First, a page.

An amusing one to write up. The prison cell picture isn’t included in the article, which is a shame as it was quite striking and alluded to more serious themes than the others. Weblink here.
A short article (£) explaining how new research has found further evidence linking ‘calm’ music with motoring safety.
The article also appeared in abbreviated form on page 19 of The Times on Friday, 30th August.
An amusing tale. Weblink here (£).
On page 15 of The Times on Wednesday, 28th August.
Only a former Oxford Union hack could in the same sentence describe a political opponent as both “charming, intelligent, eloquent” and “uncertain, irresolute, weak”.
The tactic, as George Eaton puts it, consists in flattering one’s opponents into submission before sticking the knife in.
It’s a classic ploy used by members of the Oxford Union, the prestigious Oxford University debating society of which Gove was once President, to ridicule an interlocutor whilst appearing sincere and dispassionate to the audience.
I’ve been an Oxford Union member for two years and have seen the trick pulled too many times to count. To seasoned observers it’s boring and patronising at best, and slimy and disingenuous at worst. But it works.
In weighing up Miliband’s credentials, Gove creates the impression of balance by listing the Labour leader’s positive as well as negative attributes. In fact he gives the impression of doing more than that: six positive adjectives – charming, intelligent, eloquent, thoughtful, generous and chivalrous – against just three negative ones.
Of course Gove isn’t being fair at all. The compliments all allude to Miliband’s ‘Buddha-like qualities’ which, in the public eye, aren’t really qualities at all. Not against Cameron’s supposed strengths of certainty, resoluteness and strength which, Gove would have us believe, Miliband doesn’t possess.
But it’s not easy to spot the guise. Instead Gove’s apparent equanimity succeeds in depoliticising and legitimising the crushing conclusion that follows: that when asked “who governs Labour, his answer would appear to be, increasingly: the unions.”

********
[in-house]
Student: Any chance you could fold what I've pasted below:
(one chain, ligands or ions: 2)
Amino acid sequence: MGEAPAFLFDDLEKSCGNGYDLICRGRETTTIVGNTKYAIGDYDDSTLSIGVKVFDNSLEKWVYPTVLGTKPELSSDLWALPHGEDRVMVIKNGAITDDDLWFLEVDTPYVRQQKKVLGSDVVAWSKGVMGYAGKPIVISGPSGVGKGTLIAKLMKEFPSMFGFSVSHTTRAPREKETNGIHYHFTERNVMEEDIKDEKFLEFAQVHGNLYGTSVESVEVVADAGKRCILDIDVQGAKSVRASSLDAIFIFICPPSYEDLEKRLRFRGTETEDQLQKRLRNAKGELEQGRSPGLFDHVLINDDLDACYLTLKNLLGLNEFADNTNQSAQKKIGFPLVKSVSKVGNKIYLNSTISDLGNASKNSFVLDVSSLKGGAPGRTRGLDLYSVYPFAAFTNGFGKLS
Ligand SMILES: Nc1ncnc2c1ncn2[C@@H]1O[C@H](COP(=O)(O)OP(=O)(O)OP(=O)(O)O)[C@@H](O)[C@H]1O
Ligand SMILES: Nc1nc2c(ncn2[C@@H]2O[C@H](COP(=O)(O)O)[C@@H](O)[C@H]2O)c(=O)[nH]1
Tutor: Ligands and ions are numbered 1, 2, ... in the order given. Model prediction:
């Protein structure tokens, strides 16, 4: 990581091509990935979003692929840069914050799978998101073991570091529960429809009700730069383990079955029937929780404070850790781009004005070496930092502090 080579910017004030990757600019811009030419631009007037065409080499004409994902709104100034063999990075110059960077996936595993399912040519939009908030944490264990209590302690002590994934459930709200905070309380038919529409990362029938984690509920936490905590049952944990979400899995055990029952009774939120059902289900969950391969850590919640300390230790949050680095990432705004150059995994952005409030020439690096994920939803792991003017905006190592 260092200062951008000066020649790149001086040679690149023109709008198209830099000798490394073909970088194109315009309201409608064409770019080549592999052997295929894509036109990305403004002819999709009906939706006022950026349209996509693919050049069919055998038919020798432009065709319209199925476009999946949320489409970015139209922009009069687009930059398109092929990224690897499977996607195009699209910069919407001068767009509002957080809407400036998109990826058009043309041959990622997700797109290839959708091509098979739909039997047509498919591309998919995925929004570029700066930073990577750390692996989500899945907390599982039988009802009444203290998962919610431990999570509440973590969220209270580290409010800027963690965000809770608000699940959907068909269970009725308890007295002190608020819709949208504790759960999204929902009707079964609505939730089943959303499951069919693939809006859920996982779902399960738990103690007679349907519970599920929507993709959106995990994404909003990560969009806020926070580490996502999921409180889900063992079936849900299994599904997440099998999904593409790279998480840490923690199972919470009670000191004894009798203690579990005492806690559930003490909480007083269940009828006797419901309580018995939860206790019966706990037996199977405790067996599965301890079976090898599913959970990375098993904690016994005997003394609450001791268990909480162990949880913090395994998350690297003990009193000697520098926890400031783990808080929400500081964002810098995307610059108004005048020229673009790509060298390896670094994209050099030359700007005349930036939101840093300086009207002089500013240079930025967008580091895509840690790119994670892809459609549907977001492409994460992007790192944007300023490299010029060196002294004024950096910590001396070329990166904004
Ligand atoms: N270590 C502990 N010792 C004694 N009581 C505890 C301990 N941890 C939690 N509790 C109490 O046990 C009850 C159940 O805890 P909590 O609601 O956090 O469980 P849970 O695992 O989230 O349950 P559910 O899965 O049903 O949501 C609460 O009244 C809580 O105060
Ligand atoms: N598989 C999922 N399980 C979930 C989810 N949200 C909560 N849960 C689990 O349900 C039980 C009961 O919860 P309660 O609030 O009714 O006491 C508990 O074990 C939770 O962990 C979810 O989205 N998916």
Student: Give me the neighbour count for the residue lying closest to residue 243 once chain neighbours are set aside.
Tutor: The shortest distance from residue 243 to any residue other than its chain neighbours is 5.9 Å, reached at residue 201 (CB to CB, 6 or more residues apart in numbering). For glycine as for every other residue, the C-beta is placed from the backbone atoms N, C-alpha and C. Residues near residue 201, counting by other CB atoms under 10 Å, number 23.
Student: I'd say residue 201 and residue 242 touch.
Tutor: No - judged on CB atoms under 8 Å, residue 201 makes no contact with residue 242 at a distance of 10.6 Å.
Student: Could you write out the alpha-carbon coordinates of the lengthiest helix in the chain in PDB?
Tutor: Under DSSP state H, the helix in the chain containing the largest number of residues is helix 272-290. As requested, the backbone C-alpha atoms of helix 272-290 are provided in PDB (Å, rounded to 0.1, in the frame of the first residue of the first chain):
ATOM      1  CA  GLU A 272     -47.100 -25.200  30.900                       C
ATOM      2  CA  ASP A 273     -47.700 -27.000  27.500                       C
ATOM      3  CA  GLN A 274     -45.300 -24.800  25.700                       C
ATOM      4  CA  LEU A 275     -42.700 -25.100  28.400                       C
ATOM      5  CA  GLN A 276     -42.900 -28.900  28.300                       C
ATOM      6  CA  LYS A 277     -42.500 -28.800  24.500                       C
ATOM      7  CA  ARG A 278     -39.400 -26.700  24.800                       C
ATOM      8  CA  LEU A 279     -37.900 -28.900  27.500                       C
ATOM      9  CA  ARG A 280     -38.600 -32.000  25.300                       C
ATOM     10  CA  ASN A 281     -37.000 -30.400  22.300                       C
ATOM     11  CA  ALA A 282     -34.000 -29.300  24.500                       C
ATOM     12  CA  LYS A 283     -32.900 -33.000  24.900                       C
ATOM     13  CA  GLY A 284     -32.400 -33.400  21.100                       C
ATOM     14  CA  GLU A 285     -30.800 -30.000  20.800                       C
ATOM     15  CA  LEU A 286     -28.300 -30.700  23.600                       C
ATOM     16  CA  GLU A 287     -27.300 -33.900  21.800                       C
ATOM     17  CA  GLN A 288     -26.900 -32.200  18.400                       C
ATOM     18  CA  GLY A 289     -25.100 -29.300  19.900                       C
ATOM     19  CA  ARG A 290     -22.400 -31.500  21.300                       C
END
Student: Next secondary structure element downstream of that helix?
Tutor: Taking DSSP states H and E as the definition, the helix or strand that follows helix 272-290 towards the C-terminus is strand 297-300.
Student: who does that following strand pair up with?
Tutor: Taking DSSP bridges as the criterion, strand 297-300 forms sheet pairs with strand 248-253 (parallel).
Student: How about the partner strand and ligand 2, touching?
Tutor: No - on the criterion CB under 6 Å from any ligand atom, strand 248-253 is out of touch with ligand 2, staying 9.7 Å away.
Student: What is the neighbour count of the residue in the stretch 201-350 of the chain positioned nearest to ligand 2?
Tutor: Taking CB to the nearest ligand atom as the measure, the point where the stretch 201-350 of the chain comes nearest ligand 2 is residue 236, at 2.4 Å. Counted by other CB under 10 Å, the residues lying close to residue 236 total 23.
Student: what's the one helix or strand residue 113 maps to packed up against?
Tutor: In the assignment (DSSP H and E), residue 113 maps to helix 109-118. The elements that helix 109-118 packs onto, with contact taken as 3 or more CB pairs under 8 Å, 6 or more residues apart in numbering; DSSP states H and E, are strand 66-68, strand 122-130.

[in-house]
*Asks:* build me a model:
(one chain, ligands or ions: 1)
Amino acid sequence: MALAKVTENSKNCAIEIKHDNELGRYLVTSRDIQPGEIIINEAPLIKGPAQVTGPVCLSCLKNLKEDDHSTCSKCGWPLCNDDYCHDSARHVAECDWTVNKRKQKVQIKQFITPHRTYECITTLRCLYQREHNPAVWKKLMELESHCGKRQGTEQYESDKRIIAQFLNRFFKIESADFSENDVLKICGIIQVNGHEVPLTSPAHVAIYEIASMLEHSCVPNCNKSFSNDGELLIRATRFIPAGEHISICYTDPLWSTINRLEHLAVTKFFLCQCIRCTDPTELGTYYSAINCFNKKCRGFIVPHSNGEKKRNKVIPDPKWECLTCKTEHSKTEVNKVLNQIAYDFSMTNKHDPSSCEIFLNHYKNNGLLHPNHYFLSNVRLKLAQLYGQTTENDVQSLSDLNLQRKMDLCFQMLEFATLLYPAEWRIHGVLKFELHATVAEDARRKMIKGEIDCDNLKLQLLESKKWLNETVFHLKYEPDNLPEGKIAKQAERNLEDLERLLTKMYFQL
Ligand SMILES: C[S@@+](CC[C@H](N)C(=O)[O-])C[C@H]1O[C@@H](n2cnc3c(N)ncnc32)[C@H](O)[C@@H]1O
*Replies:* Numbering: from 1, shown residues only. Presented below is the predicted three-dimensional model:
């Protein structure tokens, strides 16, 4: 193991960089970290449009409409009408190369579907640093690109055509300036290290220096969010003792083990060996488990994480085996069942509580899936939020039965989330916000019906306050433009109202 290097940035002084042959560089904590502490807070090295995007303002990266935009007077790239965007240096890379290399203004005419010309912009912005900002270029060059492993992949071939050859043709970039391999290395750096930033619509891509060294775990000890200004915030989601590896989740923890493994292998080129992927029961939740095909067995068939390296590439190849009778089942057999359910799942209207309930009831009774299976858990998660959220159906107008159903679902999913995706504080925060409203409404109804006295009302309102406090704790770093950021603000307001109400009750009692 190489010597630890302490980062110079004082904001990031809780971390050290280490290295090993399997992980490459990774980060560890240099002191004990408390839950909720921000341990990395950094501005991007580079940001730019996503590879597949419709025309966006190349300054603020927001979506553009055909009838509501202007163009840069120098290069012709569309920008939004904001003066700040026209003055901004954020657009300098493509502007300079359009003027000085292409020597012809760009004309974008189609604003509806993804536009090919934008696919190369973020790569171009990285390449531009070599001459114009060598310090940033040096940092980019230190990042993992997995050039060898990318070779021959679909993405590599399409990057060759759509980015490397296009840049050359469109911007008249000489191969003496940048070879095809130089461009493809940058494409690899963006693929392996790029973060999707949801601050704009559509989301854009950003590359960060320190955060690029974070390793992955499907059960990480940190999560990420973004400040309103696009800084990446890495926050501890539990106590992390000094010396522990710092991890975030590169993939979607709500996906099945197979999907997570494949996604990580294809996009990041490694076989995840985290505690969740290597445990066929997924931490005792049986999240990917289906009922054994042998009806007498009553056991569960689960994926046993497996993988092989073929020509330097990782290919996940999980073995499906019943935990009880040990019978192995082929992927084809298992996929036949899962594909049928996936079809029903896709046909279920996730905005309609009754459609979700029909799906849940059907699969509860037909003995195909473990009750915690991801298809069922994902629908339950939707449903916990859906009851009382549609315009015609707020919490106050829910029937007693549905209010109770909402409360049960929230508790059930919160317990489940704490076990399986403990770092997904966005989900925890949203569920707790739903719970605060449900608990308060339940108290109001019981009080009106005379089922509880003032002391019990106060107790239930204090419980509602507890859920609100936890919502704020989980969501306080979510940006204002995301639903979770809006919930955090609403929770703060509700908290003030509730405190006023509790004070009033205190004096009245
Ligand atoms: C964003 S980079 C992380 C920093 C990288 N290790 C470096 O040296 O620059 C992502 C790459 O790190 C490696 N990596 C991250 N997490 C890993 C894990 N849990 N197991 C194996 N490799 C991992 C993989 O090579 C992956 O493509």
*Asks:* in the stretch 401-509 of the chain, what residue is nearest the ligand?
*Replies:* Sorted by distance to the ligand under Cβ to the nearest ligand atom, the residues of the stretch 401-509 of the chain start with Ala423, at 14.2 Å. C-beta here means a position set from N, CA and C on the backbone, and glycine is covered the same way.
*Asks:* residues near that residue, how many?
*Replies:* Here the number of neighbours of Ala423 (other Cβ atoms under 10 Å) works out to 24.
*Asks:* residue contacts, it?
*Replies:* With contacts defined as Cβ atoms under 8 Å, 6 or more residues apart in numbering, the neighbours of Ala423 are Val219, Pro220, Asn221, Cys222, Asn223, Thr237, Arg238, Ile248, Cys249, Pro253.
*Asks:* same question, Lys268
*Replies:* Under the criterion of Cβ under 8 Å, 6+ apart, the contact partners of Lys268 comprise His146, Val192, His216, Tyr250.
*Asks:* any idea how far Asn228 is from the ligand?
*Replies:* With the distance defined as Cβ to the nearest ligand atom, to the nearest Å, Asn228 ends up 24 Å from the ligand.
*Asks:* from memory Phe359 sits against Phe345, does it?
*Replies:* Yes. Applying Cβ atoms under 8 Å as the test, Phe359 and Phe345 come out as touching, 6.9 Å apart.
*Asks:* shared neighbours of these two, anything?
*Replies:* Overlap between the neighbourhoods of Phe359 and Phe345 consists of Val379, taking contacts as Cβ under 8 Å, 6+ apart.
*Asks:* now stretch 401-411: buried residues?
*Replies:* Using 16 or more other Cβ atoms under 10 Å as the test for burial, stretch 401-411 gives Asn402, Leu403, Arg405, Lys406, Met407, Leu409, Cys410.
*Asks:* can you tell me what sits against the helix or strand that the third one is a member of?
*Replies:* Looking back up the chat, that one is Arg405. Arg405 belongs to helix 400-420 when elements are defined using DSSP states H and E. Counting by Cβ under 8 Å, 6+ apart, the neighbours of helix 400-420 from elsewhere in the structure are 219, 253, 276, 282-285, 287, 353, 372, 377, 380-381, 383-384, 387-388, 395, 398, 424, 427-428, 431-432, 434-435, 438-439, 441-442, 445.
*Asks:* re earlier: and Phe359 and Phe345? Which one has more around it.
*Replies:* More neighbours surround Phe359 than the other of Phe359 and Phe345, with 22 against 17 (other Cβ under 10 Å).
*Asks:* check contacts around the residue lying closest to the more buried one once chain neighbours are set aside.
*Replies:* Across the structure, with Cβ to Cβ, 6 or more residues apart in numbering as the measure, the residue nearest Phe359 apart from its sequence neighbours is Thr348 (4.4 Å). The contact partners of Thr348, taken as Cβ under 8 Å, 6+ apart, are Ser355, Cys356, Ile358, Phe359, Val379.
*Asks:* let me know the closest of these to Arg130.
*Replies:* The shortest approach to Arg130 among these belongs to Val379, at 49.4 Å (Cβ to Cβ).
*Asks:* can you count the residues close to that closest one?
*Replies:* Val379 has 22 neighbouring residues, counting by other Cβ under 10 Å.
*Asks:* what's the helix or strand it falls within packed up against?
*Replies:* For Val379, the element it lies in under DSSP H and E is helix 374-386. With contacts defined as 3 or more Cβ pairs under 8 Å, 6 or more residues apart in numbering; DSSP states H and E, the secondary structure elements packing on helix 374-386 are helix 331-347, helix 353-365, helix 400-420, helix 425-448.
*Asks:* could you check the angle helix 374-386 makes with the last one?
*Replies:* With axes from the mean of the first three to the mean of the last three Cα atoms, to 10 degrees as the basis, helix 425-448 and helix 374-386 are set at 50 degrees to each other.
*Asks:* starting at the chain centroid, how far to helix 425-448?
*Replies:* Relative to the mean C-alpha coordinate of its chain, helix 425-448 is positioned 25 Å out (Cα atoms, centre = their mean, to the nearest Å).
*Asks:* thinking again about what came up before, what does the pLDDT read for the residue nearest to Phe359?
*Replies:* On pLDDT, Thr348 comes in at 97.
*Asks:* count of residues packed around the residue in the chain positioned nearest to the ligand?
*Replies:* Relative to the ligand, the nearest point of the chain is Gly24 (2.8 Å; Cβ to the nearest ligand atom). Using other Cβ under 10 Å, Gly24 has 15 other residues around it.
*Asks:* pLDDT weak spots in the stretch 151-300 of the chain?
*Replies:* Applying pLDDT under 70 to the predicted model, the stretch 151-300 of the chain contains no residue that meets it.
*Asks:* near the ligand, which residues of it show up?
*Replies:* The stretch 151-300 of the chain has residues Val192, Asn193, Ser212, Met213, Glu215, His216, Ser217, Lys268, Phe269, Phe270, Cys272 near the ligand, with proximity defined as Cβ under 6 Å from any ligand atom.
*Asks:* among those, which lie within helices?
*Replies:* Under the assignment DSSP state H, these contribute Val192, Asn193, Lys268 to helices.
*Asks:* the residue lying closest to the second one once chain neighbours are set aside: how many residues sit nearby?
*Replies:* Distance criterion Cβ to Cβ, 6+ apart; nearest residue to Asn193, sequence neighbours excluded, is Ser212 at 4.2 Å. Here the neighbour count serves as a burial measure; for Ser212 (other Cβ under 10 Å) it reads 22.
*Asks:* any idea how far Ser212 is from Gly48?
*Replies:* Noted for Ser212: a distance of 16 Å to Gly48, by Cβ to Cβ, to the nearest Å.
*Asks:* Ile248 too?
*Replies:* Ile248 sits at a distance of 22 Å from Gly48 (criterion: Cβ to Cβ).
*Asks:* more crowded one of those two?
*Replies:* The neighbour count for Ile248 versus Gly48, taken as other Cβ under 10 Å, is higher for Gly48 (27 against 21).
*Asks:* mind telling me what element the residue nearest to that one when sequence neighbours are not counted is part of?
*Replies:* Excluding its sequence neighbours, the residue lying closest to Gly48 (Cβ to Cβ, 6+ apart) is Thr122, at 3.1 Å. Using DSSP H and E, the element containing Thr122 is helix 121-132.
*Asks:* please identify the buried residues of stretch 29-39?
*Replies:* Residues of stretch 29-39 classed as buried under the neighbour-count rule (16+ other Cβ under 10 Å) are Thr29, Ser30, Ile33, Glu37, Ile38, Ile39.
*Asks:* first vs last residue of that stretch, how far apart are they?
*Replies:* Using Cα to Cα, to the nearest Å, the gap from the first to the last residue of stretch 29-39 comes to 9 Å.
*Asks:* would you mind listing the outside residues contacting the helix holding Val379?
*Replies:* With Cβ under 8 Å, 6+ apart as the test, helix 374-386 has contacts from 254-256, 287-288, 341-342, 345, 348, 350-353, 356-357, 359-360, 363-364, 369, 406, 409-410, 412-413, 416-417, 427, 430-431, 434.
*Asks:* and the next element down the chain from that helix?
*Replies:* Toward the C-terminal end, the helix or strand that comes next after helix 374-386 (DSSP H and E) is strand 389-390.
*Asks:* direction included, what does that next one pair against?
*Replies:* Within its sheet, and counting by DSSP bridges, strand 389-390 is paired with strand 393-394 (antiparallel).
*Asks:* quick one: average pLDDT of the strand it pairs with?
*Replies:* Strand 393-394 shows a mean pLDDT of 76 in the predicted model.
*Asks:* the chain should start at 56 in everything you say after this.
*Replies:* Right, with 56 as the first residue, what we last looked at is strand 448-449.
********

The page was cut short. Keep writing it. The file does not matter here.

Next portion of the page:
Incidentally, Boris Johnson, another former Union President, repeatedly pulls the same trick of patronising a rival – David Cameron – while outwardly appearing warm and friendly. Johnson is the only politician with the nerve, and status, to get away with calling the Prime Minister ‘Dave’, which Johnson – who never forfeiting the status afforded by being two years above Cameron at Eton and then Oxford – regularly does in public.
If Gove really is “the politest man in politics”, then he is also the least authentic. A little of veteran Labour MP Dennis Skinner’s bad manners – accusing George Osborne of snorting cocaine (2005) and calling Jim Prior, then secretary of state for employment, the “minister of unemployment” (1980) – would help him recoup some much-needed authenticity.
A piece I did whilst on work experience at The Times earlier this week. (£)
Here’s my piece for the Spectator’s coffee house blog about A-levels and Oxbridge entrance.
Last month Cherwell’s Matthew Broomfield interviewed Katie Hopkins, in which the former Apprentice star suggested that Oxford tutors should choose a ‘Cecil’ over a ‘Tyrone’. This prompted one Oxford student called Tyrone (there are no Cecils) to write an open letter to Hopkins, which went semi-viral.
I wrote up the dispute for The Independent.
On Monday morning, Tyrone took Hopkins to task live on Sky News. Against Hopkins – whose bombast I can imagine is overwhelming – he did a sterling job. See the video here.